Arctic temperatures remain bizarrely high in what has been a prolonged blast of relative warmth, which has been confirmed by Greenland's northernmost weather station.
Temperatures have spiked to more than 40 degrees warmer than average during the most recent "heat wave," which halted sea ice growth in some areas of the Arctic, according to Earther. The Danish Meteorological Service said temperatures on the evening of Feb. 18 warmed 39 degrees in four hours at the Greenland weather station and then remained warmer than freezing through Feb. 20, the report added.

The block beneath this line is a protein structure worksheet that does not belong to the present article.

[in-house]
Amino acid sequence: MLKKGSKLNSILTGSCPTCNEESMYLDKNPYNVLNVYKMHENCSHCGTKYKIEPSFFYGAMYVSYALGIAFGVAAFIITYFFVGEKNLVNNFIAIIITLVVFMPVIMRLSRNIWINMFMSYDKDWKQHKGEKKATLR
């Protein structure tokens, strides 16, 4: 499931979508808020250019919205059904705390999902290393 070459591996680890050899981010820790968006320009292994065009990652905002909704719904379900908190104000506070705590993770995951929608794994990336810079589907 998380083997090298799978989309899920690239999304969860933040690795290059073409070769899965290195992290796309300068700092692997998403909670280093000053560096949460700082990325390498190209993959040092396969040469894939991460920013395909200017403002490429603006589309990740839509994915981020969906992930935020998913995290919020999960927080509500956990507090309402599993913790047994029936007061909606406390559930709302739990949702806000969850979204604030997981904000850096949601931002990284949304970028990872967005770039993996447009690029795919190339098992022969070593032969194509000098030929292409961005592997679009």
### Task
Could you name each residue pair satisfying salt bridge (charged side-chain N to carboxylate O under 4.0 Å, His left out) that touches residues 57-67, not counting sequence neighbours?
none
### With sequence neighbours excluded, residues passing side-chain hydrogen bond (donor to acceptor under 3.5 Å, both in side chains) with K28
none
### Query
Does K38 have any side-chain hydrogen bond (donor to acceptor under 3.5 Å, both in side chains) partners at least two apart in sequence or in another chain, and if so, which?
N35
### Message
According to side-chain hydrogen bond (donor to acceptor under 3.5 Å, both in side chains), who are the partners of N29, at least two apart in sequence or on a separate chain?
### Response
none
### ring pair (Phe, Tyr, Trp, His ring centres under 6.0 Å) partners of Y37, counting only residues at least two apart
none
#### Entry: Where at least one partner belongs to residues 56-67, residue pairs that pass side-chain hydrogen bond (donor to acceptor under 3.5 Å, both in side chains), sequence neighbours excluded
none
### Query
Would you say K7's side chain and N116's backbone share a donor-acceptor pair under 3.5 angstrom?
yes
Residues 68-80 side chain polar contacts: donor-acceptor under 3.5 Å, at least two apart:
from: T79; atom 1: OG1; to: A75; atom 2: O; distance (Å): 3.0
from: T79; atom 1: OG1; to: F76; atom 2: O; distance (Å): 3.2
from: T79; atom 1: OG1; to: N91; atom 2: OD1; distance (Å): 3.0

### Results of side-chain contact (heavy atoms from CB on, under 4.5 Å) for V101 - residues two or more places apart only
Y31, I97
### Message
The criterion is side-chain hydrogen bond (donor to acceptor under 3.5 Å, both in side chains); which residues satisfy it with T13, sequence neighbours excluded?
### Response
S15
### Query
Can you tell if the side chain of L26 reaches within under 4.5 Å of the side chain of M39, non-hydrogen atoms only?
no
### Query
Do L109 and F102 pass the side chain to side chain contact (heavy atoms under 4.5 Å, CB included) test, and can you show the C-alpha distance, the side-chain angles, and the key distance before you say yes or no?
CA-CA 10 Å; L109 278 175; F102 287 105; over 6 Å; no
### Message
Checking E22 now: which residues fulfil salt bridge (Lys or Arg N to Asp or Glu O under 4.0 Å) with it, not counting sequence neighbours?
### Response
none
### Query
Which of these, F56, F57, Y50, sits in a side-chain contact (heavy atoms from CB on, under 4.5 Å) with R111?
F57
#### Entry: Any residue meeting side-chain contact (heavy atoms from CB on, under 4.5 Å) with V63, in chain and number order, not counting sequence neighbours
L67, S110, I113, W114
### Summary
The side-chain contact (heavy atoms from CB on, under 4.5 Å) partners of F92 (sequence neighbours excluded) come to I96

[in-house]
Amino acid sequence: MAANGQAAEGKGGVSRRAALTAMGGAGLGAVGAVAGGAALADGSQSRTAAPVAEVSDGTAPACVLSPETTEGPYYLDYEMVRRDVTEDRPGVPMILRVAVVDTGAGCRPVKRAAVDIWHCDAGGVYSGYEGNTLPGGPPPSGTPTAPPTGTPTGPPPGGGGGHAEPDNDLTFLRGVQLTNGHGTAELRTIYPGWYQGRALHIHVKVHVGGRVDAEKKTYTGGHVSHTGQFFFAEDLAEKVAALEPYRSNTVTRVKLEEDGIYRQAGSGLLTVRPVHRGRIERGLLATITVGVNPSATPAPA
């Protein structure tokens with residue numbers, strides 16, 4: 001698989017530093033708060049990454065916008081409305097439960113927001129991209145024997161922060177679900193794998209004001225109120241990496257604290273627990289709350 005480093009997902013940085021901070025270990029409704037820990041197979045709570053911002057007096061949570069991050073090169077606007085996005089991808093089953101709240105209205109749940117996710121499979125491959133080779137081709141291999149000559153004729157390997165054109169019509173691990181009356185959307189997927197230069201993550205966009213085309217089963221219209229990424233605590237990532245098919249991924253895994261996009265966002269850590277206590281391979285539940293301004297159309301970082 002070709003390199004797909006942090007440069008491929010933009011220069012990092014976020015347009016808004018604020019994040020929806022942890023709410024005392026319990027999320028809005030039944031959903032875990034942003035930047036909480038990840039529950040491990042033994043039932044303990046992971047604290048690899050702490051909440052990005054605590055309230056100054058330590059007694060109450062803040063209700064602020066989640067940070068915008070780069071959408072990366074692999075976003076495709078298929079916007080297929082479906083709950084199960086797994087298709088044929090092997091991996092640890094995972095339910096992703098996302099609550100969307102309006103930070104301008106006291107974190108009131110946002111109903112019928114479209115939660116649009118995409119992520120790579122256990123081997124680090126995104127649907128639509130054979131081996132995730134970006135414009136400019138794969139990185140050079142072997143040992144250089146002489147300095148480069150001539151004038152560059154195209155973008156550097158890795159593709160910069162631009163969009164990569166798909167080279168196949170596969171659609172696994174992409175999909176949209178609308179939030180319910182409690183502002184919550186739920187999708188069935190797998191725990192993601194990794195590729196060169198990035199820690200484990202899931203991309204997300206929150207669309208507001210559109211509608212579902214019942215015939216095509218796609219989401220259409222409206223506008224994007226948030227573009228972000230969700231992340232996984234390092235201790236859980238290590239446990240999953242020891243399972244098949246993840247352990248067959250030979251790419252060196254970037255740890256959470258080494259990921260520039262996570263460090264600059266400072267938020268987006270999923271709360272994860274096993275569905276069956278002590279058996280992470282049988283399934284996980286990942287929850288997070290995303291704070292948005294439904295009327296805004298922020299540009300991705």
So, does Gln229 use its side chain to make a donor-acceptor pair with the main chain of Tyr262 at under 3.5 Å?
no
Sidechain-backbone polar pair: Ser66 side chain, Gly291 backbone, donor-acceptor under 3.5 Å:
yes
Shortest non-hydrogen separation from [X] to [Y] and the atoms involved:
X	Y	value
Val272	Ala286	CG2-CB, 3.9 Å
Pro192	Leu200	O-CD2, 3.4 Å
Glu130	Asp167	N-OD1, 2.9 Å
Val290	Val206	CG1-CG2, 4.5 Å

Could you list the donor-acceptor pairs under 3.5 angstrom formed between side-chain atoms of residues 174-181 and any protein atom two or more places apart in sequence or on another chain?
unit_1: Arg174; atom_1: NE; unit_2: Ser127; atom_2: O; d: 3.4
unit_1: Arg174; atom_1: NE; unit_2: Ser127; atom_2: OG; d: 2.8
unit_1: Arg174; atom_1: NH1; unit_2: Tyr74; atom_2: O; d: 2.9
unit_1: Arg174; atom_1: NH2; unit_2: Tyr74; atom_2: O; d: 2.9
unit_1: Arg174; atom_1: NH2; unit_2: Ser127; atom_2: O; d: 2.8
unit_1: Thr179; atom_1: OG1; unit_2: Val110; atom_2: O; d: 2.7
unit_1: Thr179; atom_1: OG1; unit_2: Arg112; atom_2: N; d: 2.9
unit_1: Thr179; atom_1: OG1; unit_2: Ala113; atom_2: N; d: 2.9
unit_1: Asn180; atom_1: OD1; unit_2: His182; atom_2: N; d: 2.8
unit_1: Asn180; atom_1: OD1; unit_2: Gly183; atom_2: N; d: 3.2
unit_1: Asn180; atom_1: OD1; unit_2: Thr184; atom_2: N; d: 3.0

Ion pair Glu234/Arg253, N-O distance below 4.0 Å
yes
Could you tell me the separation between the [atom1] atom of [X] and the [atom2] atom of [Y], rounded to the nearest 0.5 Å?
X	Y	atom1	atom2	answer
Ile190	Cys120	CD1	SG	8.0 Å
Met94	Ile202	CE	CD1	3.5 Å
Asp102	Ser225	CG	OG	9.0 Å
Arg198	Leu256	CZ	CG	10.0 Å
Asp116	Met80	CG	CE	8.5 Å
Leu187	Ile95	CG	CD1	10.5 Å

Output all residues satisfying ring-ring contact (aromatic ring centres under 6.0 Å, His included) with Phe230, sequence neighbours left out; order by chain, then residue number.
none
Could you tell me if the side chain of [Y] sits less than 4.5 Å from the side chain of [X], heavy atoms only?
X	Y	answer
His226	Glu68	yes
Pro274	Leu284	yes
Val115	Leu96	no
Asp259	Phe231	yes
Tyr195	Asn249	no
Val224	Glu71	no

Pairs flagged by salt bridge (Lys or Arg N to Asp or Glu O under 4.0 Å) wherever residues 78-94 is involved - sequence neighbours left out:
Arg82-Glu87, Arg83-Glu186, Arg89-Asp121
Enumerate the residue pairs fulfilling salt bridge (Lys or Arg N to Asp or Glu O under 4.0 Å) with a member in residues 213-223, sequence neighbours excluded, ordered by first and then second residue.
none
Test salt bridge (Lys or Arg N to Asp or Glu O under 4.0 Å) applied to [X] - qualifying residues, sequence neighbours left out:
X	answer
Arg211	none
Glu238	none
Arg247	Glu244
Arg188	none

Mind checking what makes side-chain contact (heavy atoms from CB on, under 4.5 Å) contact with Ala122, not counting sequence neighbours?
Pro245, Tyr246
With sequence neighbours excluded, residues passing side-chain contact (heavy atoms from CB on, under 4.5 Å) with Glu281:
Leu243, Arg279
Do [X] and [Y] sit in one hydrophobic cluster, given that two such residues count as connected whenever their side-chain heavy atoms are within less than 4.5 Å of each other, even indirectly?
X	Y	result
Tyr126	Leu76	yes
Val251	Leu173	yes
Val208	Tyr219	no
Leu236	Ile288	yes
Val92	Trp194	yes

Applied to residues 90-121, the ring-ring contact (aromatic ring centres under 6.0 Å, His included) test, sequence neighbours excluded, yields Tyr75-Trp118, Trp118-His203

Sea ice had already been trending far below the 1981-2010 median amount, but now, it has dipped to record low levels at times in 2018. It's far from a slight tick below average – the Arctic would need to have 525,000 square miles of ice added to get back to normal.
Parts of Alaska's North Slope are also trending 40 degrees or more above average as that region of the state bakes in unusual warmth. According to Inside Climate News, the Bering Sea just lost a third of its ice in eight days.